Sustainable Seafood

Last week I had a great conversation with Don Mayfield of Fishmonger Don. Don is passionate about the ocean and about working with local, sustainable, and traceable ingredients. As a nutritionist, I know that seafood is nourishing, and can play a big part in our health-building diets. Seafood is full of important nutrients ranging from omega 3 fatty acids in fatty fish to vitamin D and minerals such as iodine and zinc. Another benefit in my book is that it is usually quick to cook.

While I love a good piece of fish, I have been thinking through a lot of questions I have about the safety and sustainability of seafood so I went to someone who really knows the fishing industry and who is deeply committed to respecting ocean wildlife. Here is what I learned.

The seafood industry is complicated, international, and nuanced. Billions of people around the world rely on seafood for their nutrition and economic livelihoods. Yet, most of our seafood around the world is being overfished. Fishing is damaging sensitive habitats and polluting our waters. Farmed fishing contributes to these problems and creates others by overfishing small fish and relying on industrial farmed soy and corn for feed, as well as using hormones, antibiotics, and colorings. And all of this is being affected by climate change.

The word “sustainable” is not an official certified designation. Basically, it does not mean anything and can be used by any company. Both the way seafood products are caught and the way they are farmed can harm the ocean. Different countries have different policies regarding fishing and fish farming. The number one thing I learned is that you can’t just buy seafood off the shelf or off a menu without asking some questions of your vendor.

The United States has the strictest environmental guidelines for fishing of any country guiding how, where, and when we can fish. Here on the west coast, our states and other stakeholders are working together to protest the environment. In fact, some west coast fish stocks were declared overfished by coming together, agreeing on environmental regulations, and then following them, we have been able to rebuild some fish populations in 20 years, even when we estimated that it would take 30 years to do so. Other countries are not as focused on protecting ocean wildlife. The best thing you can do to choose sustainable seafood is to buy United States or Canadian wild-caught fish, which have the strongest environmental protection policies anywhere in the world.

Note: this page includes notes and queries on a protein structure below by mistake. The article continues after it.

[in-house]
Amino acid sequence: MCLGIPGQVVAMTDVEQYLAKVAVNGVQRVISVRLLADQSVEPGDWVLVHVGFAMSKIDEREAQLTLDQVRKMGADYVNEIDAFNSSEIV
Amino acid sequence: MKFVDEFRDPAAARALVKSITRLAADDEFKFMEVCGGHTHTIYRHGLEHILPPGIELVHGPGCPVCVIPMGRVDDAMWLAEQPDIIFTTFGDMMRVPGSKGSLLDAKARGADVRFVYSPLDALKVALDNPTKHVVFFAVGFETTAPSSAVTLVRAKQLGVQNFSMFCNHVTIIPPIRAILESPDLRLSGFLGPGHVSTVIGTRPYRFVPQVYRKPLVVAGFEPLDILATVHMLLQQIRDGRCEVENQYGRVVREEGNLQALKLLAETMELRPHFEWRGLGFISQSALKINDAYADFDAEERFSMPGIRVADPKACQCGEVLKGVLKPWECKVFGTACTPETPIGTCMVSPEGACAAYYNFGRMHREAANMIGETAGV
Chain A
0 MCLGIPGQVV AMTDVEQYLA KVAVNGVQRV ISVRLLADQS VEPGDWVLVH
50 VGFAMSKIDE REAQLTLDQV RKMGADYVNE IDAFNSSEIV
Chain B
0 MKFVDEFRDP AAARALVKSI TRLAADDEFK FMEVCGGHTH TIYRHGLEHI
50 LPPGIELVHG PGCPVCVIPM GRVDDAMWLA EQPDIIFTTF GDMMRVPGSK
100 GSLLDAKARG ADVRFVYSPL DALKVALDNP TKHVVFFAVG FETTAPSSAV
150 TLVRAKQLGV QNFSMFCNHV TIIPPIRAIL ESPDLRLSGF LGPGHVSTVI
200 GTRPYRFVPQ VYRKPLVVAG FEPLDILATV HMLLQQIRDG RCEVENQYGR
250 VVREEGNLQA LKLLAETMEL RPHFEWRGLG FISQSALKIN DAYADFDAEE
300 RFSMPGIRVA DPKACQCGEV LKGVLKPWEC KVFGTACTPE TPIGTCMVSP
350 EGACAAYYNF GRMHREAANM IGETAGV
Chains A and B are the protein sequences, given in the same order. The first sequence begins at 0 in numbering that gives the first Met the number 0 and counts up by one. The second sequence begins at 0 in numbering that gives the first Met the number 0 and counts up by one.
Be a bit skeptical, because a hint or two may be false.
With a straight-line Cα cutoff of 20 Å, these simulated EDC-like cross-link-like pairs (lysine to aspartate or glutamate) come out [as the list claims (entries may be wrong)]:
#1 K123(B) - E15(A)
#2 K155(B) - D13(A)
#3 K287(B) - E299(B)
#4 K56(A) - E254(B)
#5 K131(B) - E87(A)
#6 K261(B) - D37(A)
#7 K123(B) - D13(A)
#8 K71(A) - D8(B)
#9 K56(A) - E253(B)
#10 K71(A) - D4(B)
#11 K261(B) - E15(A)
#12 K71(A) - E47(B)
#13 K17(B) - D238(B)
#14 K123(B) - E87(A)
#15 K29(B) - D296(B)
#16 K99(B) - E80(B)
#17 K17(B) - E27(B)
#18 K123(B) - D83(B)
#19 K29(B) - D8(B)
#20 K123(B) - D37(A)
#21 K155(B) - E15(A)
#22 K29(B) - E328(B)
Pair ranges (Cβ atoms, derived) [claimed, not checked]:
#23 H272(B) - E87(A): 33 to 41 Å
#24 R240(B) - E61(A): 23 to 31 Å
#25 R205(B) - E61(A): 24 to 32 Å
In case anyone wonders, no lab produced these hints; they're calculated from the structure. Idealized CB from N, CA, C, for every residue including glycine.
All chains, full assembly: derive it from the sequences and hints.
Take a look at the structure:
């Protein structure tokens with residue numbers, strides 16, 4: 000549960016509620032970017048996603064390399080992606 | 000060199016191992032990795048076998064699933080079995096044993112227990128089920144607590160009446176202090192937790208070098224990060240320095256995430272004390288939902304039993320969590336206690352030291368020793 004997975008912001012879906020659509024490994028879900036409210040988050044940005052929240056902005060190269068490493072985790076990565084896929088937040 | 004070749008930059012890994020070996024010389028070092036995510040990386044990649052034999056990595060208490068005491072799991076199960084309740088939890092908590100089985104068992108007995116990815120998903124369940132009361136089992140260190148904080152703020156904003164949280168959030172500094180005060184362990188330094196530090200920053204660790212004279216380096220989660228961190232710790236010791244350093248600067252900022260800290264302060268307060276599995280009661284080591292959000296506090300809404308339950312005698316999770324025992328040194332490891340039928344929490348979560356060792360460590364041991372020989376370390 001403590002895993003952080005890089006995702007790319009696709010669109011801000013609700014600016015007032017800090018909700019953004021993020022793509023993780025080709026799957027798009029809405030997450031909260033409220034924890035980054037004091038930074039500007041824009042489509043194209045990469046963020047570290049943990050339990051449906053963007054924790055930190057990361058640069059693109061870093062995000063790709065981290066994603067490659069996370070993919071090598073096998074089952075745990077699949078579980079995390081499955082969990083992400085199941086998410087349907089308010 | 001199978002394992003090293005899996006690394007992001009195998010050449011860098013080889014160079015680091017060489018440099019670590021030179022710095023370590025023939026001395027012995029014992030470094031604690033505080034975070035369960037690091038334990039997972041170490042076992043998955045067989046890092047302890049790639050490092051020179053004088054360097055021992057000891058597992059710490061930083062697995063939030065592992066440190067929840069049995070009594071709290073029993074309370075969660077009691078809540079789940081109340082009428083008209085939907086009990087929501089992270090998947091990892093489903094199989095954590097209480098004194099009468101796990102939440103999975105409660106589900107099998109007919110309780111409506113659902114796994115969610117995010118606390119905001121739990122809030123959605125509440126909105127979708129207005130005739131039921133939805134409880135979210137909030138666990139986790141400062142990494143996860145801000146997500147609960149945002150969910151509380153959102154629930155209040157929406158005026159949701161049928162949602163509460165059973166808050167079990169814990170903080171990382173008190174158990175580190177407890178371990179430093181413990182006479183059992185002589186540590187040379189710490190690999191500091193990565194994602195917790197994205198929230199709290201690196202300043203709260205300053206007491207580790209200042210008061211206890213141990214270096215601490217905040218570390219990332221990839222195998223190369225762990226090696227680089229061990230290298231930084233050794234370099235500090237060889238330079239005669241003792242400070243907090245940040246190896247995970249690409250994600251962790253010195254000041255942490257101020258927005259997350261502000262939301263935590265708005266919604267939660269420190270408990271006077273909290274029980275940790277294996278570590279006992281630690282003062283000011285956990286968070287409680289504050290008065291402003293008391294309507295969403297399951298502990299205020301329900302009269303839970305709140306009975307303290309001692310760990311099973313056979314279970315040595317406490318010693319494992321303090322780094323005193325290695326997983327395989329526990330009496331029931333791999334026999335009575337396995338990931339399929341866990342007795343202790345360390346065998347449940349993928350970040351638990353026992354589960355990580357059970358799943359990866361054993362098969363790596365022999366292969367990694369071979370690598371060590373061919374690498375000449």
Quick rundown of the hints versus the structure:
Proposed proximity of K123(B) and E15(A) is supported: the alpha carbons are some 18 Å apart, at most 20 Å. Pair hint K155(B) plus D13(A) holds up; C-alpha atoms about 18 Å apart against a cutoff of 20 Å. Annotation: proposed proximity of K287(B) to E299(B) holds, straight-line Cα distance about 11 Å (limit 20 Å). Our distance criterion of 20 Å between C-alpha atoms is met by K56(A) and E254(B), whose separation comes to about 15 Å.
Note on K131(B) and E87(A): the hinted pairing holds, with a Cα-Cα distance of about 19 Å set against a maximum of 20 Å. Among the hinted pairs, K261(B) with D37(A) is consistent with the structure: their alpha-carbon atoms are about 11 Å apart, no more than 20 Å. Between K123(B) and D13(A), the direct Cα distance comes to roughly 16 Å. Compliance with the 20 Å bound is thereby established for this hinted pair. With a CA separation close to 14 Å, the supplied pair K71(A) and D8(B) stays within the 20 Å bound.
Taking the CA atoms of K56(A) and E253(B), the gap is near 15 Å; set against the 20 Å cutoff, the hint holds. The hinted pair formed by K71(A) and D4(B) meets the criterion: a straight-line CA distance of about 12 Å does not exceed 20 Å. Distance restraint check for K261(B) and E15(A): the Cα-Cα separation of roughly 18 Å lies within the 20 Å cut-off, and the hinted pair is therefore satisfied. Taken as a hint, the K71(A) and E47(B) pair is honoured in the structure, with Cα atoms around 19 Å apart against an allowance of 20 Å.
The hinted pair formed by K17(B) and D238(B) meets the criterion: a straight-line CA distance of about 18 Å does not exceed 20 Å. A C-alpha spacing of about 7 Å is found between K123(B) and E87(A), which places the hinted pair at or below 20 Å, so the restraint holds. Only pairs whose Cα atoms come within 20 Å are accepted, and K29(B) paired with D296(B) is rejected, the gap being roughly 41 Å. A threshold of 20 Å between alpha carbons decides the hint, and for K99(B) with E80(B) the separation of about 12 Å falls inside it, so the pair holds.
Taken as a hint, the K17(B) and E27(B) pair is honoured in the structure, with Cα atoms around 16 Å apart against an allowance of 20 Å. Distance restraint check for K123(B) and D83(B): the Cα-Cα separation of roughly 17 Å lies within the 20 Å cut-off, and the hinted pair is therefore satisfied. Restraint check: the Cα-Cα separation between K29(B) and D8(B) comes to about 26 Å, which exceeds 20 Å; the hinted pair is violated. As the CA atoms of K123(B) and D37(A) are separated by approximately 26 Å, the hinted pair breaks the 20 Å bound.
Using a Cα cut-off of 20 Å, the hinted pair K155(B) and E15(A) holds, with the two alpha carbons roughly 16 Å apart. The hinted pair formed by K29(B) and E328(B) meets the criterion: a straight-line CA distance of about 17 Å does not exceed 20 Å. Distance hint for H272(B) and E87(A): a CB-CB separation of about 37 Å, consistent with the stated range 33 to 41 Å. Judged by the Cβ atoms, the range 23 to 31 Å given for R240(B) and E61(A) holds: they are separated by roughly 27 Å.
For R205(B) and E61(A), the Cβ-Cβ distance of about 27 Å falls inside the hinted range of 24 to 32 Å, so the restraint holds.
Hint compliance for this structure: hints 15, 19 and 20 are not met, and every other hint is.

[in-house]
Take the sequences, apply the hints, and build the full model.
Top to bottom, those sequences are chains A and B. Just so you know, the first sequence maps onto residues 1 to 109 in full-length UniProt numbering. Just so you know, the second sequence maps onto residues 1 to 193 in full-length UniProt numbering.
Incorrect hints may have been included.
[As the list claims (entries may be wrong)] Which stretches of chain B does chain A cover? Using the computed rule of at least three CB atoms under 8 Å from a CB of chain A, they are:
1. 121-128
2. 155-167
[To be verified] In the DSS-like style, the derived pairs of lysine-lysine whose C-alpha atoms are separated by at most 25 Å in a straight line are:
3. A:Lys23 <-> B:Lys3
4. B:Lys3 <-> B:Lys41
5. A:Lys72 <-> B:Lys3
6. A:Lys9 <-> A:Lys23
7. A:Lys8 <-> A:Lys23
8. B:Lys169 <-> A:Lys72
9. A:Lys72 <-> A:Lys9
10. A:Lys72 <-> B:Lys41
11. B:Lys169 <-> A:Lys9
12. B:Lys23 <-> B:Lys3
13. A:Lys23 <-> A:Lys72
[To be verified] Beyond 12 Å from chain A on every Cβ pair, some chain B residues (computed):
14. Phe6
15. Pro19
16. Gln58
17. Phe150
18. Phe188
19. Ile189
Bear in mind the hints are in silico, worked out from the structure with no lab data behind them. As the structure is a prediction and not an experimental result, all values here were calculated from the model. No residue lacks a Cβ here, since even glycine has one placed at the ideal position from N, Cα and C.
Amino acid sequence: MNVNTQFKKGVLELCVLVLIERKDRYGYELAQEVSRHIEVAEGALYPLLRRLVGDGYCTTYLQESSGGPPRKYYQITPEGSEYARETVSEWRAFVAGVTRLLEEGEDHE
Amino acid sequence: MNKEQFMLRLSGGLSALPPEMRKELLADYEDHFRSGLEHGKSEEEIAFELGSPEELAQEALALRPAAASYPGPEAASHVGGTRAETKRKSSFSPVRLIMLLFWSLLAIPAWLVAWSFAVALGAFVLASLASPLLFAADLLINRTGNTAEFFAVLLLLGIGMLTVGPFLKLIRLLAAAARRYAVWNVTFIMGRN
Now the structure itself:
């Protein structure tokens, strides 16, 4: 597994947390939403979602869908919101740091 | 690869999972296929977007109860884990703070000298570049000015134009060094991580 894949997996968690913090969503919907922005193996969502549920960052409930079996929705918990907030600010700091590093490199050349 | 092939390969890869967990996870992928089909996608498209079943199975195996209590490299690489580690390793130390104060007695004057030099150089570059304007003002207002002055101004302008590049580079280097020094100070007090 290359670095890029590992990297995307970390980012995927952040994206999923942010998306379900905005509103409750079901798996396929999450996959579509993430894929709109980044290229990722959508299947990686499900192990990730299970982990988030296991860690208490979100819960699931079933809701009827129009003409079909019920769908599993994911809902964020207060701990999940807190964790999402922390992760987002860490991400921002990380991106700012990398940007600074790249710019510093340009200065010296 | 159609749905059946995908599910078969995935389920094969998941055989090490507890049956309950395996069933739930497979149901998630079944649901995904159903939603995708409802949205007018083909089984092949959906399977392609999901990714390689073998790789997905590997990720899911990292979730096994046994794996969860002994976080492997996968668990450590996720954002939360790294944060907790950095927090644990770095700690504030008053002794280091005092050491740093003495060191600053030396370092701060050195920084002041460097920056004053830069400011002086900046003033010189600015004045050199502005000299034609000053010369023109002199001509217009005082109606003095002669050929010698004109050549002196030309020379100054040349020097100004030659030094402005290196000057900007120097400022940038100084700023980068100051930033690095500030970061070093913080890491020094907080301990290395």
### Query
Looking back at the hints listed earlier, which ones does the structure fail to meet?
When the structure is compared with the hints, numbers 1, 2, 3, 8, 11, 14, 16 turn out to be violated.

It is expensive to buy high-quality fish. Interestingly, most of the fish we eat in this country is imported because imported fish is cheaper. And most of our fish is exported to the European Union, Japan, and China who are willing to spend more money. Take a look at your portion size. A good guide is the size of the palm of your hand. One way to save money on seafood is to buy just what you need and keep your portion sizes in check. If you don’t like seafood, try fresh, wild-caught local fish. If you have never tasted it, you are in for a treat.

Much of the fish that we eat, especially salmon is farm-raised. Some of the questions to ask about farm-raised fish is what is it fed, is it given antibiotics or colorings, and if it is farm-raised on the coast, is it harming the environment? If you had talked to me a couple of years ago and asked me farmed or wild, I would have said stick with wild fish. Since then, I have learned that California is home to at least one really innovative, trout farm. The company is McFarland Springs, and it farms trout in a river in Susanville, feeding it a unique blend of algae oils, not ground-up fish meal. Here is an interesting article with more information.

A couple of takeaways

  1. When you go to buy seafood, look for USA or Canadian caught wild fish.
  2. Whether you are in a restaurant or in the grocery store, ask where their fish is sourced, and make conscious decisions about the seafood you are consuming.
  3. The best resource to find out if the fish you are eating is sustainable is the Monterey Bay Aquarium Seafood Watch website.

I recommend buying seafood from a source that is transparent with where their fish comes from and/or a vendor with who you can talk and ask questions. My favorite place to buy seafood is from Fishmonger Don. His catch is available to order on Fridays for Saturday delivery or pick-up in Fairfax, CA. Everything is traceable so I know that is truly sustainable, and in season.